~From a talk delivered at “Survival and Consciousness”, a symposium sponsored by the Institute for Noetic Sciences, in Washington DC, October 26-27, 1985:
"The experiments showing the connection between emotions and the limbic system were first done by Wilder Penfield and other neurologists who worked with conscious, awake individuals."
"In 1975 we began to map the location of opiate receptors in the brain ...We found that the limbic system was highly enriched with opiate (and other neuropeptide receptors too, we subsequently learned). The amygdala and hypothalamus, both classically considered to be the main components of the limbic system (the great physiologist, Walter B. Cannon, singled out the hypothalamus as the foremost area for emotions to hook up to the brain), are in fact blazing with opiate receptors-40-fold higher than in other areas in the brain. These hot spots correspond to very specific nuclei or cellular groups that physiological psychologists have identified as mediating such processes as sexual behavior, appetite, and water balance in the body. The main point is that our receptor-mapping confirmed and expanded in important ways the psychological experiments that defined the limbic system. We were able to overlay a biochemistry of specific neuropeptides to brain regions implicated in the expression of emotions and behaviors."
"...A hormone presumably was stored in one place in the body, then travelled over to its receptors in other parts of the body. A prime example of a hormone is insulin... In short, it has become increasingly clear that the limbic system, the classical seat of emotions in the brain, is also the focal point of receptors for neuropeptides, some of which were first identified as hormones."
"...Equally important is the fact that neuropeptide receptors are not just in the brain, they are also in the body. We have mapped and shown biochemically that there are angiotensin receptors in the kidney identical to those in the brain, and in a way that is not yet quite understood, the kidney located receptors conserve water in the body. We know that they play with the ion fluxes so that water is conserved. [AND thus transmission potentials in the fascia? Note: There are topics in research of liquid crystallinity, electric and magnetic fields further below. ~cp] The point is that the release of the neuropeptide angiotensin leads both to the behavior of drinking and to the internal conservation of water. Here is an example of how a neuropeptide - which perhaps corresponds to a mood state - can integrate what happens in the body with what happens in the brain."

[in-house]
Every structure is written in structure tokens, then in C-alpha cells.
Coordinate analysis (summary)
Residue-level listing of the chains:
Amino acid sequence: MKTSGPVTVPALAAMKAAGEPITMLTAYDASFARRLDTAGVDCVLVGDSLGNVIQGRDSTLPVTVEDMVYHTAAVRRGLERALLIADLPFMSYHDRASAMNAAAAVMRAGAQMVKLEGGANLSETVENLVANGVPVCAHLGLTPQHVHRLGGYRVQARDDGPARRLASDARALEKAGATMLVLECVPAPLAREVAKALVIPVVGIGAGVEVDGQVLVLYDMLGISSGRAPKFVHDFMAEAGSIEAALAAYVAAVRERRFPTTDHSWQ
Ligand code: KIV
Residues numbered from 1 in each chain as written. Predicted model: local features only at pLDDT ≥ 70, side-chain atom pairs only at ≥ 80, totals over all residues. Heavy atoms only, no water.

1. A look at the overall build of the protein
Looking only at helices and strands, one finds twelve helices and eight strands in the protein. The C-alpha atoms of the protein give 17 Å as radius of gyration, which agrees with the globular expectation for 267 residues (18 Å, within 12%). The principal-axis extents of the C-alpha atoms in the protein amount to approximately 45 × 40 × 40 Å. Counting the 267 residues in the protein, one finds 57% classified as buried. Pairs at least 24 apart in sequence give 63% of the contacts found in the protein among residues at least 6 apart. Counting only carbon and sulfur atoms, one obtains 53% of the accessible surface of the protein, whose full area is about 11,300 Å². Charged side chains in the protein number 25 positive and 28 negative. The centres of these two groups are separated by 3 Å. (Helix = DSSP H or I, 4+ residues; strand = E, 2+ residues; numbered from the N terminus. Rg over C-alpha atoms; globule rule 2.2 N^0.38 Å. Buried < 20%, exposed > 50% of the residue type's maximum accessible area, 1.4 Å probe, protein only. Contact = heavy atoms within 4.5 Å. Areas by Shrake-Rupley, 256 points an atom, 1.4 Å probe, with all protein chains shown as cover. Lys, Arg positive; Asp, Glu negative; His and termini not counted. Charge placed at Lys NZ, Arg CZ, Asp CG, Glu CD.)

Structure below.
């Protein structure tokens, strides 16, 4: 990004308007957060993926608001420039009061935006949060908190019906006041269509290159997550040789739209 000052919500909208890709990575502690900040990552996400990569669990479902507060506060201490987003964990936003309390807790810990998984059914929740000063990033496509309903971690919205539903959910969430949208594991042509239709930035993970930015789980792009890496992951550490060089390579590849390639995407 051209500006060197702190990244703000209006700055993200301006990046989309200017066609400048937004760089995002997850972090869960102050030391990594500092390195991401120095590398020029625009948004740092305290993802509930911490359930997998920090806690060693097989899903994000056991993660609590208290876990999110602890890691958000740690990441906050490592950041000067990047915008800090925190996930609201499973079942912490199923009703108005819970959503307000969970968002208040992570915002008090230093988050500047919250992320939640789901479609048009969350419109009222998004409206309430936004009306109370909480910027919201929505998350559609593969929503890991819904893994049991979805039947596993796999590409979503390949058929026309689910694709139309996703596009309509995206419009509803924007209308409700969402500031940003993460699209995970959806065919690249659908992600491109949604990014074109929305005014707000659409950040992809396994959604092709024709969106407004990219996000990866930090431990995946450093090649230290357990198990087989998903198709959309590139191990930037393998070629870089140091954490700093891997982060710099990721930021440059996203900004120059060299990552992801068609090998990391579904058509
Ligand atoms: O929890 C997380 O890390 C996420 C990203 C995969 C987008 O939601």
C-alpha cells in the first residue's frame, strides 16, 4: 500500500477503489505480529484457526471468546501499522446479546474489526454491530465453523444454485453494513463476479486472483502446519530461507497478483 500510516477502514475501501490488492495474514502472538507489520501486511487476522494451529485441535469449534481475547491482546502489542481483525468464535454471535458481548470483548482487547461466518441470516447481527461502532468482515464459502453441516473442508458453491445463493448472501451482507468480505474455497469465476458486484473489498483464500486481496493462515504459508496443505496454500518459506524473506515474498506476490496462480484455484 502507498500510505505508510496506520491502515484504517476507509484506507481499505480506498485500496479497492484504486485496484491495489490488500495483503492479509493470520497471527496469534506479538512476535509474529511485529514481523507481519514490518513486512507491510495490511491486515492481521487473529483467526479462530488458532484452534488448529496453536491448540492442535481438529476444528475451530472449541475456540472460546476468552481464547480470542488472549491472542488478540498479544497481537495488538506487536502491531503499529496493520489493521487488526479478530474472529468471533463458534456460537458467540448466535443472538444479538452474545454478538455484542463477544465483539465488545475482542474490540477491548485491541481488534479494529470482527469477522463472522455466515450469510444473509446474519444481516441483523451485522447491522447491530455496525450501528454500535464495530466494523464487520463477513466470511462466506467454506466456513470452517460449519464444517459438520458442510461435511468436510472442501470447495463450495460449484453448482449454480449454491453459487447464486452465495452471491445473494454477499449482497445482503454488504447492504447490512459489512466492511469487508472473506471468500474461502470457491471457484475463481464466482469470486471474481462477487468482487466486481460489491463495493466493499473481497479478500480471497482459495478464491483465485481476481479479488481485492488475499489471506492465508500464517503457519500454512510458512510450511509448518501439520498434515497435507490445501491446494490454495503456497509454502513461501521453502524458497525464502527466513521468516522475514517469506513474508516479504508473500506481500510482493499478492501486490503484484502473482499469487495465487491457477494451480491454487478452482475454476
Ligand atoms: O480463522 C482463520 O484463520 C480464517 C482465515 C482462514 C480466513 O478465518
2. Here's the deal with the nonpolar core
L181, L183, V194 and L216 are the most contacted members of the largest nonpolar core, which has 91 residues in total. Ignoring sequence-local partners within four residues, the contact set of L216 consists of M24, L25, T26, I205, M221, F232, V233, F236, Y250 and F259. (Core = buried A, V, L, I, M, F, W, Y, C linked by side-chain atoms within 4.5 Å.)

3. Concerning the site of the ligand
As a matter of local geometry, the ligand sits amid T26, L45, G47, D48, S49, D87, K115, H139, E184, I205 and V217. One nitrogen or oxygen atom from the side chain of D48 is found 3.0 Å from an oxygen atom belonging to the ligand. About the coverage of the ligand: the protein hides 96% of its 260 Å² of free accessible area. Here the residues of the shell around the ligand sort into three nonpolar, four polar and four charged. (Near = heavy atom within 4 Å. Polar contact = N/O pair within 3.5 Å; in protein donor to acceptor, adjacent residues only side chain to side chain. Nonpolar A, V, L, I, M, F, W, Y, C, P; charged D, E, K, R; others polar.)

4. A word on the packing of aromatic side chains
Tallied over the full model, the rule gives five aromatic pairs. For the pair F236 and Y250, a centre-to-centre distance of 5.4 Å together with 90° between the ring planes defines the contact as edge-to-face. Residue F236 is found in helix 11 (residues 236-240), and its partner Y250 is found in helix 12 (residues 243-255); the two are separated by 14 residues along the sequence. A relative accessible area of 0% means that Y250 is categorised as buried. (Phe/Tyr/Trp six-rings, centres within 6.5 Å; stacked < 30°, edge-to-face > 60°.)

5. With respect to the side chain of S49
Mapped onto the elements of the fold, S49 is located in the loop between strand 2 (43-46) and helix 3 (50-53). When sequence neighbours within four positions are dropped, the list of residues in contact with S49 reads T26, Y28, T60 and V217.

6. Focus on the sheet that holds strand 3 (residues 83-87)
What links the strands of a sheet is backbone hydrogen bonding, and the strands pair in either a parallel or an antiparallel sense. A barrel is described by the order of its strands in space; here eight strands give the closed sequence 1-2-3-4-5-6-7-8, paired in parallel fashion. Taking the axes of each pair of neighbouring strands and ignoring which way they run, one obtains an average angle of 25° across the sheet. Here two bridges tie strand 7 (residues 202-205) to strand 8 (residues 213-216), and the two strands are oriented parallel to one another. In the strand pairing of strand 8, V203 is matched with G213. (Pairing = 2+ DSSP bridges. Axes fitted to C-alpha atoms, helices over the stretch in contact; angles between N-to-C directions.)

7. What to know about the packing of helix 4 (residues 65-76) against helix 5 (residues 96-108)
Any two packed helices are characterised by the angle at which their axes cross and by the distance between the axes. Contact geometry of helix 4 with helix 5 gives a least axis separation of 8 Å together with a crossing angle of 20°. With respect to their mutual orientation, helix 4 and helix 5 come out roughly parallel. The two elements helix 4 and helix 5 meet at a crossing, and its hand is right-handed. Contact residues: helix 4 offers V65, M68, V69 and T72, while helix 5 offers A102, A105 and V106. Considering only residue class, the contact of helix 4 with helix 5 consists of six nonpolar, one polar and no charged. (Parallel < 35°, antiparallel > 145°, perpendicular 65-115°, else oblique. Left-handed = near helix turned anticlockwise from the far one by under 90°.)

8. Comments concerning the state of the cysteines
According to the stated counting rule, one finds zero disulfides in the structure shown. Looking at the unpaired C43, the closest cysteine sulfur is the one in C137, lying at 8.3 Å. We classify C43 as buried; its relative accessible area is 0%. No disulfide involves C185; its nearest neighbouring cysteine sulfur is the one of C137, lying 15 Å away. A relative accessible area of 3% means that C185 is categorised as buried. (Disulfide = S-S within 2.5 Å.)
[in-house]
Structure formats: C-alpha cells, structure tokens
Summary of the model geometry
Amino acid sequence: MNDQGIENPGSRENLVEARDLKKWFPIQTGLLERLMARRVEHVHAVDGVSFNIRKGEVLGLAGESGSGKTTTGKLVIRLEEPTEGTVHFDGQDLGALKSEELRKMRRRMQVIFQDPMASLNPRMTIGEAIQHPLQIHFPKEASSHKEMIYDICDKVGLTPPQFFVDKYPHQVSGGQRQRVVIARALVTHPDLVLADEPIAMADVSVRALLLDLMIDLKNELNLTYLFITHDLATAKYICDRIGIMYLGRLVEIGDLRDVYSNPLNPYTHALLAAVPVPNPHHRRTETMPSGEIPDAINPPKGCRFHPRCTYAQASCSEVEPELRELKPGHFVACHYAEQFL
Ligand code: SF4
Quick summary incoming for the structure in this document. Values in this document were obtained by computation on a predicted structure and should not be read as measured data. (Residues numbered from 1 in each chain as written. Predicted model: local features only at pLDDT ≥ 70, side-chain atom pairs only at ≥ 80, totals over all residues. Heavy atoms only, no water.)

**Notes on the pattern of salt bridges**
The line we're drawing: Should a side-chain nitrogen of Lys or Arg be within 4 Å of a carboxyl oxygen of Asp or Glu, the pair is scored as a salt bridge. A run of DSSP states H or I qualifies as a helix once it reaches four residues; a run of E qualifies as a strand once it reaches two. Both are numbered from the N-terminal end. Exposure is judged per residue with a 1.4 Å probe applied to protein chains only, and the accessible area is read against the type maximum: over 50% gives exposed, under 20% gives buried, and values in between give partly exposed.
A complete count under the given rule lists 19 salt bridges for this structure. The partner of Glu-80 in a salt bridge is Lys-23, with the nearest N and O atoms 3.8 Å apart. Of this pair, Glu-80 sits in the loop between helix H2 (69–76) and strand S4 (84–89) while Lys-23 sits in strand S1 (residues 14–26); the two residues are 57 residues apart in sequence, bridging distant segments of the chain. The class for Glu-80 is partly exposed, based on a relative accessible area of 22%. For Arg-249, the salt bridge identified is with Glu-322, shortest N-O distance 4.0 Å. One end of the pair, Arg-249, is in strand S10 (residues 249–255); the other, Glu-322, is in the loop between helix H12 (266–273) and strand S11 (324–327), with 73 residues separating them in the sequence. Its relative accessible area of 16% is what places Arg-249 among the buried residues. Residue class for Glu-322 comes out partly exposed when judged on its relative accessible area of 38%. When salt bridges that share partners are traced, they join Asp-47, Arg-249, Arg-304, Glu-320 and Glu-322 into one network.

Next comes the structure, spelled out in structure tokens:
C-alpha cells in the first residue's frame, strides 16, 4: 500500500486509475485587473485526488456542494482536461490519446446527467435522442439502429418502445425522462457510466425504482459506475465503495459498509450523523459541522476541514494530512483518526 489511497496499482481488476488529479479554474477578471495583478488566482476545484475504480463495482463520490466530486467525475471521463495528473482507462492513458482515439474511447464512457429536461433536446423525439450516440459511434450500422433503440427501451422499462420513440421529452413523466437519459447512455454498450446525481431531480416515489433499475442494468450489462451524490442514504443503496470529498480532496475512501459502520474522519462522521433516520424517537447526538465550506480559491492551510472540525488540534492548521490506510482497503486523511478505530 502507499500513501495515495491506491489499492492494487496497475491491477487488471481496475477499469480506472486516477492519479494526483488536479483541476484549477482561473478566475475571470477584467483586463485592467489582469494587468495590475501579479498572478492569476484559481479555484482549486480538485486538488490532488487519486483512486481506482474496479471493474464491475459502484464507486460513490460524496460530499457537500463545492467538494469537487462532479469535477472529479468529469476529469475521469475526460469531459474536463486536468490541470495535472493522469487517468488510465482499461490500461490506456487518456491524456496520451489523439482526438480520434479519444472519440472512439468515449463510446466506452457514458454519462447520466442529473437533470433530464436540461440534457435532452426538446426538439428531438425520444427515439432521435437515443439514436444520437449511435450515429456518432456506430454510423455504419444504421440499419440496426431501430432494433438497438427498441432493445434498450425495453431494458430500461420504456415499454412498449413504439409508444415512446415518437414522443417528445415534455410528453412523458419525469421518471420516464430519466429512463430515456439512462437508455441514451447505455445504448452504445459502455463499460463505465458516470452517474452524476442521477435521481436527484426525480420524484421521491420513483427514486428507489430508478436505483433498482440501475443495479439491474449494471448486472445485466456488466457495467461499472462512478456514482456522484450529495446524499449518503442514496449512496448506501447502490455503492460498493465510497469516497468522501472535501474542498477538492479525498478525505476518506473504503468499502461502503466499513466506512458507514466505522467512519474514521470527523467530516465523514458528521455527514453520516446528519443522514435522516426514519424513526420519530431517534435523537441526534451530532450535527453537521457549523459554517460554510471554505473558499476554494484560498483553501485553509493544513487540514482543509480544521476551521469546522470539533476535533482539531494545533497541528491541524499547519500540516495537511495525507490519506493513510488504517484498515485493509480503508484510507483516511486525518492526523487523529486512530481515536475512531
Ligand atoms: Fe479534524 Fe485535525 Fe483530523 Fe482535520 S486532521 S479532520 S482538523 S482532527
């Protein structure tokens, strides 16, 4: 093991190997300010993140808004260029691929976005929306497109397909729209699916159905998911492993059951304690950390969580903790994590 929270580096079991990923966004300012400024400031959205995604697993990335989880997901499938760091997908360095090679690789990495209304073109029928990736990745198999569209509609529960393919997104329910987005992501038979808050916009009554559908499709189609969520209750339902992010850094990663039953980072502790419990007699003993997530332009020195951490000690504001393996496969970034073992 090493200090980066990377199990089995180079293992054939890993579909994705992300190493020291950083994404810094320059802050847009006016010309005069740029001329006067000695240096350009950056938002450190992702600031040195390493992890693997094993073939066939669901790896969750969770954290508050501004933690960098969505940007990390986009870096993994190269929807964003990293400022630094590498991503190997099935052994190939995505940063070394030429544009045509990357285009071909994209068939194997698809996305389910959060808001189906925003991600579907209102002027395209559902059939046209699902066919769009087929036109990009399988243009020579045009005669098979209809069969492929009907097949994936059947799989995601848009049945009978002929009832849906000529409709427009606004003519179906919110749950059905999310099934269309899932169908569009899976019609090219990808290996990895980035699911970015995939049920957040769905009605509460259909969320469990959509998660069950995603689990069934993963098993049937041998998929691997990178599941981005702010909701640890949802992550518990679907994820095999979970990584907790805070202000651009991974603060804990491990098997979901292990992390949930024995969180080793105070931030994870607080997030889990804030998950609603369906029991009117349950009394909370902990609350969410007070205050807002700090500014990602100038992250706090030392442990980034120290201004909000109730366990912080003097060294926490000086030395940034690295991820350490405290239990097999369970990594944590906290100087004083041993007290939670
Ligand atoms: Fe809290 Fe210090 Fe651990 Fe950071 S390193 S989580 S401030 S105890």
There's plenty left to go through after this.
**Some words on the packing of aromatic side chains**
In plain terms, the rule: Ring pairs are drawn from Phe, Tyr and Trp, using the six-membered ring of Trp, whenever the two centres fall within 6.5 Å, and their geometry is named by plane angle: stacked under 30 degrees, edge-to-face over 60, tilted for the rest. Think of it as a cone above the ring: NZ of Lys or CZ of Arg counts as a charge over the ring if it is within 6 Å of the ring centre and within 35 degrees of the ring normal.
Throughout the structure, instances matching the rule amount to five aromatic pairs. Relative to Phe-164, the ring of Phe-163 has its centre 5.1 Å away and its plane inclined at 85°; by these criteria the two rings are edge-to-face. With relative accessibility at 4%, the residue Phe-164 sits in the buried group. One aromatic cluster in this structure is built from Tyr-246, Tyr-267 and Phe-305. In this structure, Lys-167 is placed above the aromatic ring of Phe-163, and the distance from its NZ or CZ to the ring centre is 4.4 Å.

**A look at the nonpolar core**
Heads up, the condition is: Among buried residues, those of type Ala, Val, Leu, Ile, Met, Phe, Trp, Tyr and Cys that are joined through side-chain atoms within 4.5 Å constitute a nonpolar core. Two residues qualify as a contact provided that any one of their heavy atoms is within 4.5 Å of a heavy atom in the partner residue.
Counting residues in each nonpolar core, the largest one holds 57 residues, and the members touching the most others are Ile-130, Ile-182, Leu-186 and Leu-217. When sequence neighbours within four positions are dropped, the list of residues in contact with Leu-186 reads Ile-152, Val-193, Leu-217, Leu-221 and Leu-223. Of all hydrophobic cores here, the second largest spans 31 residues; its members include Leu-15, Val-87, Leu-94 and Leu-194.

"...Another critical point. As we have studied the distribution of these receptors, we have found that the limbic system is not just in the forebrain, in the classical locations of the amygdala and the hypothalamus. It appears that the body has other places in which many different neuropeptide receptors are located- places where there is a lot of chemical action. We have call these hot spots “nodal points”, and they are anatomically located at places that receive and process a lot of emotional information. One nodal point is the dorsal (back) horn of the spinal cord, which is the place that sensory information enters the central nervous system. This is the first synapse within the brain where touch-sensory information is processed. We have found that for virtually all the senses for which we know the entry area, this location is always a nodal point for neuropeptide receptors."
"...The striking pattern of neuropeptide receptor distribution in mood-regulating areas of brain, as well as their role in mediating communication throughout the whole organism, makes neuropeptides the obvious candidates for the biochemical mediation of emotion. It may be too that each neuropeptide biases information processing uniquely, when occupying receptors at nodal points with the brain and body. If so, then each neuropeptide may evoke a unique "tone" that is equivalent to a mood state."
"...As we have seen, neuropeptides are signaling molecules. They send messages all over the body (including the brain). Of course, to have such a communications network, you need components that can talk to each other and listen to each other. In the situation we are discussing here, the components that “talk” are the neuropeptides, and the components that "hear" are the neuropeptide receptors. How can this be? How can 50 to 60 neuropeptides be produced, float around, and talk to 50 or 60 types of listening receptors which are on a variety of cells? Why does order rather than chaos reign? It has to do with the specificity, the selectivity of the receptors, not their direct wiring, not neuron to neuron."
"...I note in passing that the receptors are quite capable of changing their conformations within the cell membranes, which can occur at a very rapid pace - so rapid that it’s hard to tell whether it is in one state or another at a given moment in time. In other words, receptors have both a wave-like and a particle character, and it is important to note that information can be stored in the form of time spent in different states."
"Based on these findings, I am going to suggest that neuropeptides and their receptors form an information network within the body. Perhaps this suggestion sounds fairly innocuous, but its implications are far reaching. I believe that neuropeptides and their receptors are a key to understanding how mind and body are interconnected and how emotions can be manifested throughout the body. Indeed, the more we know about neuropeptides, the harder it is to think in the traditional terms of a mind and a body. It makes more and more sense to speak of a single integrated entity, a 'bodymind.'"